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Web Content Viewer (JSR 286)

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Web Content Viewer (JSR 286)

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Web Content Viewer (JSR 286)

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Web Content Viewer (JSR 286)

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Web Content Viewer (JSR 286)

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Glossary - D

Archive Page. Archived files are provided for reference purposes only. This file was current when produced, but is no longer maintained and may now be outdated.

 

View Glossary terms beginning with:

Dead Livestock
The body (cadaver) of livestock which has died otherwise than by slaughter.

Delaney Clause
The Delaney Clause in the Federal Food, Drug, and Cosmetic Act (FFDCA) states that no additive shall be deemed to be safe for human food if it is found to induce cancer in man or animals. It is an example of the zero tolerance concept in food safety policy. The Delaney prohibition appears in three separate parts of the FFDCA: Section 409 on food additives; Section 512, relating to animal drugs in meat and poultry; and Section 721 on color additives. The Section 409 prohibition applied to many pesticide residues until enactment of the Food Quality Protection Act of 1996 (P.L. 104-170, August 3, 1996). This legislation removed pesticide residue tolerances from Delaney Clause constraints.

Deli or Delicatessen Style
This terminology has been permitted on labeling for ready-to-eat meat food products that consumers would normally expect to find in a delicatessen.

Diglycerides, Monoglycerides
Emulsifying agents for rendered fats.

Dioxins
A group of chemical compounds that share certain similar chemical structures and biological characteristics. Dioxins are present in the environment all over the world. Within animals, dioxins tend to accumulate in fat. About 95% of the average person's exposure to dioxins occurs through consumption of food, especially food containing animal fat. Scientists and health experts are concerned about dioxins because studies have shown that exposure may cause a number of adverse health effects.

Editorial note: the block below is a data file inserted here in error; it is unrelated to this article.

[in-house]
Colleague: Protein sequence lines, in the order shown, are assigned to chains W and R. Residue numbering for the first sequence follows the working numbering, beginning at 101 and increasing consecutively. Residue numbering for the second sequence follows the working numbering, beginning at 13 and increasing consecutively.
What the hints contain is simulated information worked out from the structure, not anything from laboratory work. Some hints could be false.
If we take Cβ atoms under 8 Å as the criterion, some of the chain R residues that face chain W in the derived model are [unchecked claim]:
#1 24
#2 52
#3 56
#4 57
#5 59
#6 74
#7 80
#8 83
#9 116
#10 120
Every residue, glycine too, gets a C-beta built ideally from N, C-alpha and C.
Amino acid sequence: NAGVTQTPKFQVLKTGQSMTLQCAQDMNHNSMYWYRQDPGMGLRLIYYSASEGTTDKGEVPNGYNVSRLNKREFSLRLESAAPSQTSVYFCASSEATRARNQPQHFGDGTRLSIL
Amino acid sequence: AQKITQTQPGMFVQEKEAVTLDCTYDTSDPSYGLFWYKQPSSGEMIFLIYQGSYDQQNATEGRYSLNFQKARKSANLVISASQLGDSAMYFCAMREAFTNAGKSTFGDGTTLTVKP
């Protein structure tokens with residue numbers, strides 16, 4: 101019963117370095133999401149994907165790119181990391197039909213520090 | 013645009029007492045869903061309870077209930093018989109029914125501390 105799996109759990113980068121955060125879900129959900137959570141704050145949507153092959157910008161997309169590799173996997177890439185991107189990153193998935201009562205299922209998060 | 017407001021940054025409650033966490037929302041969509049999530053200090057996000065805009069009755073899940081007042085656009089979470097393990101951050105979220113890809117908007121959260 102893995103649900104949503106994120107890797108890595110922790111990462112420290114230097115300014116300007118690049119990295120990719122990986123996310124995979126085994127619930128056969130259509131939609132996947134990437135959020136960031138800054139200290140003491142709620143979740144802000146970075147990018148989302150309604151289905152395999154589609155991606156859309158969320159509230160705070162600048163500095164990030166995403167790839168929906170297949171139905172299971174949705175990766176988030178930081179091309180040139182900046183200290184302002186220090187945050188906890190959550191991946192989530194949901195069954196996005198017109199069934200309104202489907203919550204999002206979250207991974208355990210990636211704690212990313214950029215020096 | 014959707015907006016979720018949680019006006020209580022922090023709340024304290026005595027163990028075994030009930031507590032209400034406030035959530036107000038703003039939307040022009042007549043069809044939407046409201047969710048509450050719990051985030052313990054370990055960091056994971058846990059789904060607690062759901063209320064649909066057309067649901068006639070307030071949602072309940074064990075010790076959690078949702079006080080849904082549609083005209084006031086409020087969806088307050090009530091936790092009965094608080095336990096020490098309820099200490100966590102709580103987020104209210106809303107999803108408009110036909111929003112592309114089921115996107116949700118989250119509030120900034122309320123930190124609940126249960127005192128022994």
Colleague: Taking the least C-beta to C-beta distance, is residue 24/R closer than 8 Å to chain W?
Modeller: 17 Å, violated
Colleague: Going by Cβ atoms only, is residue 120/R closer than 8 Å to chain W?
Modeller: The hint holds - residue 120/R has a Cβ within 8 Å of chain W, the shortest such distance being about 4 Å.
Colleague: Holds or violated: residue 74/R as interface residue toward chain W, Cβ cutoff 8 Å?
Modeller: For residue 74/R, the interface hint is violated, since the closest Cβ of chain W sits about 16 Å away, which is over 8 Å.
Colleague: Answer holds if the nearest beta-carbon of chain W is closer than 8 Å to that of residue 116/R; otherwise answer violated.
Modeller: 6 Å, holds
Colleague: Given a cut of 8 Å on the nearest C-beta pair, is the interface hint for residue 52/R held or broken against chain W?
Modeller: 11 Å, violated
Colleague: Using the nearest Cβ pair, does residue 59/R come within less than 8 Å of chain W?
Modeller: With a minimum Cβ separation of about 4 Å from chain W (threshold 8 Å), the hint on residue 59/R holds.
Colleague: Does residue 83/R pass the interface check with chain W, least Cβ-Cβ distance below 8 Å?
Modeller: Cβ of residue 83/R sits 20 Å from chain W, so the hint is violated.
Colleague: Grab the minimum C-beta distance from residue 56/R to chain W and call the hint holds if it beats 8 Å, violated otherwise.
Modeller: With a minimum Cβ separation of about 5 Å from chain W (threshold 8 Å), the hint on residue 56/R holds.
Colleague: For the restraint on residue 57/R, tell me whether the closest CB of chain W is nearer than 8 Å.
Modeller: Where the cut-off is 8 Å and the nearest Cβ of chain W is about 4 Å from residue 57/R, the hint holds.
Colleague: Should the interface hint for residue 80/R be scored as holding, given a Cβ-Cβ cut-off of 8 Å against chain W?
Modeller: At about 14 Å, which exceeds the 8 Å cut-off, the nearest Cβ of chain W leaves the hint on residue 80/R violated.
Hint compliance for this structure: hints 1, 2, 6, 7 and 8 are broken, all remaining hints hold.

Disposition
A food manufacturer's action to correct a situation leading to a recall such as relabeling, reworking, or destroying product.

Downer (or downed animals)
Commonly used term for an animal that is unable to rise and walk.

Dry Aged
Fresh Meat is held (without vacuum packing) for various periods of time (usually 10 days to 6 weeks) under controlled temperatures (34°F to 38°F), humidity, and airflow to avoid spoilage and ensure flavor enhancement, tenderness, and palatability.

Dry Curing
Dry curing is the process used to make country hams and prosciutto. Fresh meat is rubbed with a dry cure mixture of salt and other ingredients. Dry curing produces a salty product. In 1992, FSIS approved a trichina treatment method that permits substituting up to half of the sodium chloride with potassium chloride to result in lower sodium levels. Since dry curing draws out moisture, it reduces ham weight by at least 18% — usually 20 to 25%; this results in a more concentrated ham flavor.

Dying, Diseased, or Disabled Livestock
Livestock which has or displays symptoms of having any of the following:

  1. Central nervous system disorder;
  2. Abnormal temperature (high or low);
  3. Difficult breathing;
  4. Abnormal swellings;
  5. Lack of muscular coordination;
  6. Inability to walk normally or stand;
  7. Any of the conditions for which livestock is required to be condemned on ante-mortem inspection in accordance with the regulations
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Last Modified Aug 11, 2014